Xi Bing has been integral to Chinese weddings for centuries, but their role in lavish Guo Da Li engagement ceremonies can seem mystifying. In Singapore, wedding xi bing traditions thrive amongst Chinese communities, though Teochew xi bing and traditional guo da li cakes often differ by communities. Avoid embarrassment by learning the significances around these traditional Chinese wedding desserts, from ingredients symbolizing fertility in Chinese wedding baskets to customs for honoring the couple. This guide breaks down everything to know about xi bing origins, logistics and taboos so you can confidently participate in this meaningful ritual. Discover the significance behind these ornate gifts and why they are absolutely essential when you Guo Da Li.

What is Guo Da Li?

For centuries, the cryptic traditions of Guo Da Li have marked the commencement of Chinese marital bliss. Shrouded in mystery and secrecy, Guo Da Li serves as the official presentation ceremony between soon-to-be newlyweds and future in-laws. Translating simply as a “matrimonial rite of passage,” the ritual symbolises the merging of two families – bridging separate lives into one auspicious union celebrated by extensive gift-giving. The extravagant proceedings traditionally span multiple days, adhering to precise customs dictating everything from the number of boxes to the types of food gifts presented.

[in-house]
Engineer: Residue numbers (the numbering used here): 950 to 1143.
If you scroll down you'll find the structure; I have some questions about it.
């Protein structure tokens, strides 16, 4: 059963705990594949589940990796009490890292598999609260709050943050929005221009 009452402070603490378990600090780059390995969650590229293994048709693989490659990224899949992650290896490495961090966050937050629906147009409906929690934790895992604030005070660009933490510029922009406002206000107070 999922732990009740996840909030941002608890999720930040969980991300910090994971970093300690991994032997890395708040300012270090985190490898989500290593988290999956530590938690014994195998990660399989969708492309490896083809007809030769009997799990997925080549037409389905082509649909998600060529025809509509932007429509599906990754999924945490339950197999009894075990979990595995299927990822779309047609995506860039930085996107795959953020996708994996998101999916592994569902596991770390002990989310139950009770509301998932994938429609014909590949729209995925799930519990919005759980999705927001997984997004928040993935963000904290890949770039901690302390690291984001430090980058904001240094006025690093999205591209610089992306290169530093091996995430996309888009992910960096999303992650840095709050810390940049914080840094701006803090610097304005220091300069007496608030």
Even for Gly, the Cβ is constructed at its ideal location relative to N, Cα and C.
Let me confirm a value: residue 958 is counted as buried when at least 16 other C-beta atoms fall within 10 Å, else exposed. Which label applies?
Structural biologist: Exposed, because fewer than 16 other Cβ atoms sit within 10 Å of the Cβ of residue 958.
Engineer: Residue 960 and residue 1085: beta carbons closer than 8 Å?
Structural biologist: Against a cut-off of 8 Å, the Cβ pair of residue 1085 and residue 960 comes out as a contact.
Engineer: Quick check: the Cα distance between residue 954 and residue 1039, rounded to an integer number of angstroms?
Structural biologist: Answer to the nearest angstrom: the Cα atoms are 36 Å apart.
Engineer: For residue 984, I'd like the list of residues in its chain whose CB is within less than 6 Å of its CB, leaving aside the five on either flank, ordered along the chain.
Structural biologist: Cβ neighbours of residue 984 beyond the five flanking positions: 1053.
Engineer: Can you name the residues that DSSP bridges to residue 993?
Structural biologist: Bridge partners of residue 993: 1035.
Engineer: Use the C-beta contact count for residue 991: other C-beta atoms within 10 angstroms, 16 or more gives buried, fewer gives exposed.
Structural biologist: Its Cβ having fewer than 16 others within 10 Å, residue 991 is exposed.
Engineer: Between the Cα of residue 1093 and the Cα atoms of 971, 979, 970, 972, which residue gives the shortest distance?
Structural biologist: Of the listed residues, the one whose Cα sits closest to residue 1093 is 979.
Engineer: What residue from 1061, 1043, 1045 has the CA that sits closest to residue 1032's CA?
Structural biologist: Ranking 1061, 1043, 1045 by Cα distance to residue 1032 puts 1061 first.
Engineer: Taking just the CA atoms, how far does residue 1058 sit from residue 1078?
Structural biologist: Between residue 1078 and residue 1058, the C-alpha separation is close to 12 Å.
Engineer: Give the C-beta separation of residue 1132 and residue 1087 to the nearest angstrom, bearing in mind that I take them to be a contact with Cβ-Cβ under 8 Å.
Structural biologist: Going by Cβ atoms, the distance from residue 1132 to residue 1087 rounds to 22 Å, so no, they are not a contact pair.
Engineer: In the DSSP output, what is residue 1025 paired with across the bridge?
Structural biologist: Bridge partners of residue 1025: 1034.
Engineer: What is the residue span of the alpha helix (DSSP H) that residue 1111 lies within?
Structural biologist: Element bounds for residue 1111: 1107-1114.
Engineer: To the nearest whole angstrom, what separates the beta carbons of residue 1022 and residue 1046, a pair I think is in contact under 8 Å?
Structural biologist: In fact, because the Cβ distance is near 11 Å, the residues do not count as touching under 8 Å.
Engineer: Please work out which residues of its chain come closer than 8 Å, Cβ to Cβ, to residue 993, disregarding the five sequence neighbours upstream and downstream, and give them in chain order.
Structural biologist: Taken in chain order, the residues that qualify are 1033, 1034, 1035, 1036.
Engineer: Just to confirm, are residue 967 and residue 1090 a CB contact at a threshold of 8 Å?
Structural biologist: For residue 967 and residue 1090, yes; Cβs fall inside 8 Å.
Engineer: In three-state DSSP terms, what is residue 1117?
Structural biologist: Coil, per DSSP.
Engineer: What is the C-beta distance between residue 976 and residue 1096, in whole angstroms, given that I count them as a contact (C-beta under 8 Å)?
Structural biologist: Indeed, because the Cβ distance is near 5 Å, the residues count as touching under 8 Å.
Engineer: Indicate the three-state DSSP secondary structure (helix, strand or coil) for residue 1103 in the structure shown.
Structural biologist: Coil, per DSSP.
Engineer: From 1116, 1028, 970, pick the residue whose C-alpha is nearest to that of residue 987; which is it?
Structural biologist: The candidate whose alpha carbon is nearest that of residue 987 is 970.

Each ornamental detail of Guo Da Li, from the Hong Bao (Red Envelopes) to the intricate dressing of the bride, conveys meaning and well-wishes for the betrothed. But make no mistake – this is not a typical Western engagement party. Only those deemed worthy may attend, and absent proper gifts and etiquette, you risk seriously offending the families involved. Forget a ring inside champagne – we’re talking lavish displays of wealth, generosity, and your ability to provide for the bride-to-be. Shrouded in obscurity, it may be, but consider this your key to unravelling the mysteries of Guo Da Li.